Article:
Pacific art takes over Government House

The Pacifica Mamas and Governor-General Dame Patsy Reddy.

The Pacifica Mamas and Governor-General Dame Patsy Reddy.

Mary Ama and Dame Patsy Reddy

The Pacifica Mamas are the recipients of this year’s Matairangi Mahi Toi Pasifika artist-in-residence, a partnership between Massey University and Governor-General Dame Patsy Reddy.

The highly-acclaimed Pacific Heritage artists Mary Ama, Gasolo Tiana Epati, Teuke Malaga and Sofia Tati were earlier this week welcomed to Government House in Wellington by Dame Patsy and her husband, Sir David Gascoigne.

The partnership between the University’s College of Creative Arts and the Office of the Governor-General provides senior Māori and Pacific artists the opportunity to live as guests in a cottage at Government House and create arts project.

From now until Sunday, November 24, the Pacifica Mamas will develop a collaborative large-scale weaving work, engage with Wellington’s Pacific communities and participate in the Pacific Heritage Arts Fono, a Pacific arts symposium to be hosted at the College of the Creative Arts.

The Pacifica Mamas collective includes weavers, tivaevae makers, carvers, tapa artists, orators, performing artists and cultural leaders brought together by a shared passion for the arts and culture of their Pacific homelands.

Formed in the late 1980s, they are all first-generation Pacific migrants to New Zealand, from the Cook Islands, Samoa, Tuvalu, Tonga, Tokelau, Kiribati and Niue. They were awarded the Creative New Zealand Pacific Heritage Arts Award in 2012, and the Aotearoa Arts Access Corrections Community Award 2015.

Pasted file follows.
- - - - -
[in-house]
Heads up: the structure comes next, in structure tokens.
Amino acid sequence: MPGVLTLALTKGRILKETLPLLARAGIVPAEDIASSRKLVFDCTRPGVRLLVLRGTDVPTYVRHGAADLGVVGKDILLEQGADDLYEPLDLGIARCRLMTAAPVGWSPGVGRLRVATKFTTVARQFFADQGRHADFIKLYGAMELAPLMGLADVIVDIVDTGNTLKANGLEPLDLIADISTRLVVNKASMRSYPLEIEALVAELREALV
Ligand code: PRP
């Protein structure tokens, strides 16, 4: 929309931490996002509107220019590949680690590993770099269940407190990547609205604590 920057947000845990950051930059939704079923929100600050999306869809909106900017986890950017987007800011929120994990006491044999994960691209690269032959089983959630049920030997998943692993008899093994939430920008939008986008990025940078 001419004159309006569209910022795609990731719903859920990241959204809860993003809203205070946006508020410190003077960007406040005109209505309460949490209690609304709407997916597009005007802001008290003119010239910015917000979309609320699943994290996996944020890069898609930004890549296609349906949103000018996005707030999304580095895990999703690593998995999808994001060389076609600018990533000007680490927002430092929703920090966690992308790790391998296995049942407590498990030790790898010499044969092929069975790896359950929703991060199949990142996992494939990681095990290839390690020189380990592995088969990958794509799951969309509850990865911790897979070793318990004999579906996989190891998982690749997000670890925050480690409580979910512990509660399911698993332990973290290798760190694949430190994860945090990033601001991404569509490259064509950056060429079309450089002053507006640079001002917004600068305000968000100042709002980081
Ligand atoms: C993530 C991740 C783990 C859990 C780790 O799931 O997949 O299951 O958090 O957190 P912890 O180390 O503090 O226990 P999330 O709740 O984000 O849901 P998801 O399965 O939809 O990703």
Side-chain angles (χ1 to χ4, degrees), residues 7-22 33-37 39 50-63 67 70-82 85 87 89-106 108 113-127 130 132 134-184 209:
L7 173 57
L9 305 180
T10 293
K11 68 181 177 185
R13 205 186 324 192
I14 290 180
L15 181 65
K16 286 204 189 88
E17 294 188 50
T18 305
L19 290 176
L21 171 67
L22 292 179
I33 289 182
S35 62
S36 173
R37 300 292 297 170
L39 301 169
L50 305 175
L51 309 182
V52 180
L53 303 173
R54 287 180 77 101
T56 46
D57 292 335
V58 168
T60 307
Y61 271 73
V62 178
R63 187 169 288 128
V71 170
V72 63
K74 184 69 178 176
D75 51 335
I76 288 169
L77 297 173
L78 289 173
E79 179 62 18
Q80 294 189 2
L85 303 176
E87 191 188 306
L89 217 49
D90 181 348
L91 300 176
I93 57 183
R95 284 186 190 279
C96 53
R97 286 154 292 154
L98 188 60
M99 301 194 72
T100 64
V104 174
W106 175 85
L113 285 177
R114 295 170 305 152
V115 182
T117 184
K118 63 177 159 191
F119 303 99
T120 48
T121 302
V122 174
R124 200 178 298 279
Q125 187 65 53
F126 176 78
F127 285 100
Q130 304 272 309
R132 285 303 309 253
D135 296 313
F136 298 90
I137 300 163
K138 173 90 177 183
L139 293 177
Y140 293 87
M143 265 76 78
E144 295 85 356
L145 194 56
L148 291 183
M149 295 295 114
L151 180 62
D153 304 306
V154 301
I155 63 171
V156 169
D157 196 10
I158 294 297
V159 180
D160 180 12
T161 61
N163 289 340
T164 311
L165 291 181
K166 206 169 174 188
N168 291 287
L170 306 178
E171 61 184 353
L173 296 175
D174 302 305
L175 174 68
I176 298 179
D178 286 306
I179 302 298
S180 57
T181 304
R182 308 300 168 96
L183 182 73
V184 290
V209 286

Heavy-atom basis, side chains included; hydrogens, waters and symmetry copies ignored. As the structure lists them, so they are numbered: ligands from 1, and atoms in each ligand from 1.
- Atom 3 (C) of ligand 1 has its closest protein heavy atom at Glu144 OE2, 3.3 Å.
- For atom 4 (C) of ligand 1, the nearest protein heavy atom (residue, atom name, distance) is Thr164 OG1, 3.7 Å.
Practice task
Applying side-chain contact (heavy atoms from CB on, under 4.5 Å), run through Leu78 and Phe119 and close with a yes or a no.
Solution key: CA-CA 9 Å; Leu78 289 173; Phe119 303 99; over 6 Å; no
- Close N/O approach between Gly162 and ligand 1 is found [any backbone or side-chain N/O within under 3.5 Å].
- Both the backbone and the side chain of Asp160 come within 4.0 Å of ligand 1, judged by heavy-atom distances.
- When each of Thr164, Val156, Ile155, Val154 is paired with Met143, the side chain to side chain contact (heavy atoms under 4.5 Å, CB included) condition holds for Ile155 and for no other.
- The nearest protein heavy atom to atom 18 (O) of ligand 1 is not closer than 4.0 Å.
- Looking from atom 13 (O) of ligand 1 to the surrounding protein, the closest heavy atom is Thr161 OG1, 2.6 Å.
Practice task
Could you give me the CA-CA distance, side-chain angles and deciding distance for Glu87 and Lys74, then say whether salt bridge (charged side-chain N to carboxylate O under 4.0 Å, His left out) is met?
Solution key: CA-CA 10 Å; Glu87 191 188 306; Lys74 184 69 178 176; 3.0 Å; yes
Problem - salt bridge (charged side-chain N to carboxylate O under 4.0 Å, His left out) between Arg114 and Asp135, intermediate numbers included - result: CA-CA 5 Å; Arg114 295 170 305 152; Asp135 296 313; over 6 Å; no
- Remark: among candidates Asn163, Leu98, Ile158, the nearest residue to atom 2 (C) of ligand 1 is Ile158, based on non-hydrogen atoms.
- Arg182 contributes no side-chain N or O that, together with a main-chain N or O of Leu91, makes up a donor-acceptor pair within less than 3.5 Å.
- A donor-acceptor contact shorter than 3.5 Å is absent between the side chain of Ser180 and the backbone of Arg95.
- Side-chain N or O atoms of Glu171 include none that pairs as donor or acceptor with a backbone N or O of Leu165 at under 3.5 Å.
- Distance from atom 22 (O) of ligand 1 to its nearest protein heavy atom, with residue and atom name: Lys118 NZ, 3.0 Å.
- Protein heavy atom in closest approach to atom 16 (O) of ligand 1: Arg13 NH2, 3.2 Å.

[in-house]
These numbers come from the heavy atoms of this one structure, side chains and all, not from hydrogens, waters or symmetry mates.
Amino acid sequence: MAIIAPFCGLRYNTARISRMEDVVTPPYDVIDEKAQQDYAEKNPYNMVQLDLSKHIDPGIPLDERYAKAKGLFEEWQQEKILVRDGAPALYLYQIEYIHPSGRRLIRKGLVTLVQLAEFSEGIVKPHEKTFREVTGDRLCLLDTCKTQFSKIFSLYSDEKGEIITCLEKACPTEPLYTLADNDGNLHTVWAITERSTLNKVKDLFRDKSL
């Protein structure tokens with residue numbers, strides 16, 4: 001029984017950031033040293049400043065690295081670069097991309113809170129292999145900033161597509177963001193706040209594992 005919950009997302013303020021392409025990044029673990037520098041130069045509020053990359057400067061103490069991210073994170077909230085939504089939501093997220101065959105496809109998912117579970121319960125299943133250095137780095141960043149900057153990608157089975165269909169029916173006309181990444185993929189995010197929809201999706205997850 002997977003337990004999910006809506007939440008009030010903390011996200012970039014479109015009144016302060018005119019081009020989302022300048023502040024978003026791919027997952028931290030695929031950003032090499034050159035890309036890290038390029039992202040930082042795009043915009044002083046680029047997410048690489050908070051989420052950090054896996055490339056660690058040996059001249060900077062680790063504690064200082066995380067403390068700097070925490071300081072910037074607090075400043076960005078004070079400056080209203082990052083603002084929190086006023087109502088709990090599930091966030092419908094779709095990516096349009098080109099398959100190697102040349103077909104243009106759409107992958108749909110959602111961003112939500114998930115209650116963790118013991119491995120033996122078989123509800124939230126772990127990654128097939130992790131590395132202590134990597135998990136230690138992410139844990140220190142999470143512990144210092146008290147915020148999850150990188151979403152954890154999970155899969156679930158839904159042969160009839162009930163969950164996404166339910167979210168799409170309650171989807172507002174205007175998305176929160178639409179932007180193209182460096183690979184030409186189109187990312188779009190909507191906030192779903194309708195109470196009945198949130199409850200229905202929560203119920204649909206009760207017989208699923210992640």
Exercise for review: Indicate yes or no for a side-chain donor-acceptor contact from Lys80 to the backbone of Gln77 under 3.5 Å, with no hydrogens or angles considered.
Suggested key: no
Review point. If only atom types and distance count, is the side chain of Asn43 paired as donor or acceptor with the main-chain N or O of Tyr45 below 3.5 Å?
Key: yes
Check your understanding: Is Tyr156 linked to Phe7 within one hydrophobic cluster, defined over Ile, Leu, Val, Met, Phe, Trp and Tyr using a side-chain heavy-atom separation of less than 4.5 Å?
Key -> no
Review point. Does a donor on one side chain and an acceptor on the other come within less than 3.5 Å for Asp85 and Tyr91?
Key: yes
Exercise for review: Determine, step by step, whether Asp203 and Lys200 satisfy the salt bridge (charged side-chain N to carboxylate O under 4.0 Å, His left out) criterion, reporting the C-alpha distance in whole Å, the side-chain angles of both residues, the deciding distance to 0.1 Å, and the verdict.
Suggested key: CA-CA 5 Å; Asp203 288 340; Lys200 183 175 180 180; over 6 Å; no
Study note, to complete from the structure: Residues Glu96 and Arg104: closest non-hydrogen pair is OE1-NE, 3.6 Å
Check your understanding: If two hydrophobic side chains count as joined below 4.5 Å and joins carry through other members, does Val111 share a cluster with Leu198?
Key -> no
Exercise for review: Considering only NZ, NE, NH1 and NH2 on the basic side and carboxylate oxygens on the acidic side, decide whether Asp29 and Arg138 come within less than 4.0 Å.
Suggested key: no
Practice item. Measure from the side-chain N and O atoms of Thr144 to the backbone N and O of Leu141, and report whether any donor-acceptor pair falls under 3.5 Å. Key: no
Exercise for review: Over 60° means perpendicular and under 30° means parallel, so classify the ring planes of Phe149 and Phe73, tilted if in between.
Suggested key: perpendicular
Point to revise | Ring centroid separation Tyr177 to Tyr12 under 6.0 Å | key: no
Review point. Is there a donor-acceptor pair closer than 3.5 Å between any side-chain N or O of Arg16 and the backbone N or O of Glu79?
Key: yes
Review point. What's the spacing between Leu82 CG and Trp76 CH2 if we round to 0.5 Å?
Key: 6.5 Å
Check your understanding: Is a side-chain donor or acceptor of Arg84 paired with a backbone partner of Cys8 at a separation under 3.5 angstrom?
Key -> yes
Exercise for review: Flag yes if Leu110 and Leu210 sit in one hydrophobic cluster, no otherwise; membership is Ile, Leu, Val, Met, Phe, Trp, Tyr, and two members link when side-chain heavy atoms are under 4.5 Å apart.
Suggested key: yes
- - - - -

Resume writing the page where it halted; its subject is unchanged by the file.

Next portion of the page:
College senior Pacific advisor Herbert Bartley says the residency is an opportunity to celebrate Māori and Pacific artists who have made a significant contribution to New Zealand arts.

“We are honoured to co-host The Pacifica Mamas here in Wellington,” he says. “They are hugely respected in the arts community and have been recognised far and wide for their contribution to Pacific arts.”

“We can’t wait to see the work they produce that will be unveiled at Government House at the end of their visit. If the welcoming afternoon tea is anything to go by, they will bring a life force to the cottage, the gardens and Government House which will leave everybody touched by their energy, determination and love of life.”

The residency programme was established in 2016 through a partnership between the Office of the Governor General and the College of Creative Arts, Massey University Wellington to encourage and promote Māori and Pacific visual arts.

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Toi Rauwhārangi
College of Creative Arts
Wellington, Aotearoa